Up@dawn 2.0

Sunday, September 11, 2016

Aristotle's God


Aristotle’s God is sort of similar to the God I believe in, but certain characteristics that he mentions make me question their validity. For instance, the very fact that he is considered pure in form and actuality makes sense, and in him no changes can occur. Of course, when I think of the word “changes” I immediately think of laws of nature and other such un-changeable occurrences in nature. Yes, God could change things if he wanted to but of course I know Aristotle is talking about these laws of nature that don’t allow for change under a pure ruler such as God. He continues on to defend God’s existence by stating that God must be an unmovable and eternal being (substance/actuality) in order to have caused an initial movement. The issue is that he implies God needs to be loved in order to provide this initial movement, however, it is not that God needs love, but that God is love. He himself is that virtue. I find fault in Aristotle’s reasoning concerning God’s knowledge of us. God created us and thus has full knowledge of our existence and interacts with us and our history. Also, God is the first and only unmovable mover. I do however agree that God does consist of form without matter, in a way. Such that he is a being that is not actually physically a being. Although, I will say one more thing about Aristotle’s God. Aristotle has this false assumption that everything is progressively becoming more like God. Let me ask you, though: Is ISIS becoming more like God? Are all of our social upheavals in the media becoming more like God? Are the countless religious, political, and social issues of this world becoming anymore like God who is holy, loving, joyful, and kind? NO. And so, Aristotle’s God falls short of being an accurate representation of the one true God.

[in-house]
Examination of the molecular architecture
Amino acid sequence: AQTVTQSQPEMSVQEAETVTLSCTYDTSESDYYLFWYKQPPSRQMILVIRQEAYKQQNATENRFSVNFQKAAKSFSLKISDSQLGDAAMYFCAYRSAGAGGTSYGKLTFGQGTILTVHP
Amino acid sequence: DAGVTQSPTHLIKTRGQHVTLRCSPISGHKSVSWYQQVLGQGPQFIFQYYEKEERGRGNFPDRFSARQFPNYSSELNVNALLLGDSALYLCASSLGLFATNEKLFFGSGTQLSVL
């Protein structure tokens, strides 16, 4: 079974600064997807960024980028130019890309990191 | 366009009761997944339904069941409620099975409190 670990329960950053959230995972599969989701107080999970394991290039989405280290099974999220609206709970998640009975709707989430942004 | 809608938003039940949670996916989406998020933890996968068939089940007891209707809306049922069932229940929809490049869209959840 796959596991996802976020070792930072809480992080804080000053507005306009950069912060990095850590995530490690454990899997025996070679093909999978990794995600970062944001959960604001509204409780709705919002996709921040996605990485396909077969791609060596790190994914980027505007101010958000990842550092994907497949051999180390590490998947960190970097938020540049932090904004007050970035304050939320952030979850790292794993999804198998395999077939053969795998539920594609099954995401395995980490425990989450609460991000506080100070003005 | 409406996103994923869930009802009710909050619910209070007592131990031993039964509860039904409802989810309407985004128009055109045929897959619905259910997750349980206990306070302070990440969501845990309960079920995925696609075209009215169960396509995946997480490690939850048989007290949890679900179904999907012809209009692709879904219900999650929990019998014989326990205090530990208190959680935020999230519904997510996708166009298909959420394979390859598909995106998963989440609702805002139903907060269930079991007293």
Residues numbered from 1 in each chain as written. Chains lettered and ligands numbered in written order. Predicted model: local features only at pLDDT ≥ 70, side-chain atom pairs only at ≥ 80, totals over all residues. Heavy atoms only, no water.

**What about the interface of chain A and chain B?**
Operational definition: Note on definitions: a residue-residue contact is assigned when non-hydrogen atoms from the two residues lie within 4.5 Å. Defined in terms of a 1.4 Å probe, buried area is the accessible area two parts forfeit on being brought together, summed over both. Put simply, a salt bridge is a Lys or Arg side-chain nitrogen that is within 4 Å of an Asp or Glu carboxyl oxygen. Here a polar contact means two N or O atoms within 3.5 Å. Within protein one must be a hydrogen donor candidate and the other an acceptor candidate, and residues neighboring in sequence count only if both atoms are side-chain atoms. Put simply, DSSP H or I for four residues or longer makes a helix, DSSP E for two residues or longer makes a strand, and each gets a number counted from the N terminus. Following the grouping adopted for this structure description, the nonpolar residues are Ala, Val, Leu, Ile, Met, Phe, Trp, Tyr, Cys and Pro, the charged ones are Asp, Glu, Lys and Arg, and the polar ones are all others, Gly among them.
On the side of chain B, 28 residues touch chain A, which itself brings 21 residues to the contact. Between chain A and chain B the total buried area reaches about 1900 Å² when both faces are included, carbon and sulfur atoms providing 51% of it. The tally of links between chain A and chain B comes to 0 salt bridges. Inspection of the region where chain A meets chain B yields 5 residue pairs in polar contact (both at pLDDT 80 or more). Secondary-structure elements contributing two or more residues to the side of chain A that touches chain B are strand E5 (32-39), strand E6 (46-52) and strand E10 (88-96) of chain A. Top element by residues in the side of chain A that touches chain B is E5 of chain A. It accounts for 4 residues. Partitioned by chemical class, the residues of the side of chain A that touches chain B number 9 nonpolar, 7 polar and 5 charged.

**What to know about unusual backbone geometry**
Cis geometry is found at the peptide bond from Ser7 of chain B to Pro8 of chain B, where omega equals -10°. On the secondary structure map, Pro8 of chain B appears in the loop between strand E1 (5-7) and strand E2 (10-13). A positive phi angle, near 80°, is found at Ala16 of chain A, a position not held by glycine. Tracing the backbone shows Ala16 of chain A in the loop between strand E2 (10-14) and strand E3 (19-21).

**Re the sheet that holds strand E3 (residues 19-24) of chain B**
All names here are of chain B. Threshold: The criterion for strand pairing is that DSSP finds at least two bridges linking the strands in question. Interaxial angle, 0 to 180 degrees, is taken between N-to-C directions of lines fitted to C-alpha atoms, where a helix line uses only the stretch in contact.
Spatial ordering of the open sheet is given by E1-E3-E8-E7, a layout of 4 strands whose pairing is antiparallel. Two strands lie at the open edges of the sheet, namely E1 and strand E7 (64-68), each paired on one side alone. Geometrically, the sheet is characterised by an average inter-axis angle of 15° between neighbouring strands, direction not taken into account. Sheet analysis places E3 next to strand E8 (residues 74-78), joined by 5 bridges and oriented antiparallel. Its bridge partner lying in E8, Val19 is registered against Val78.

2 comments:

  1. (H3)

    I have to agree with some of your observations, now here is a question. God is omnipresent, omniscient, omni everything. So, if Jehovah God is everywhere and aware of everything, and connected to everything. Then wouldn't his inward reflection upon himself and content pondering of himself merely be his reflection upon humanity and creation?

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  2. When Aristotle says that everything is progressively becoming more like God, i believe he is suggesting everything ass a whole, not specific things like ISIS or social upheavals. I believe he is speaking of humanity as a whole.

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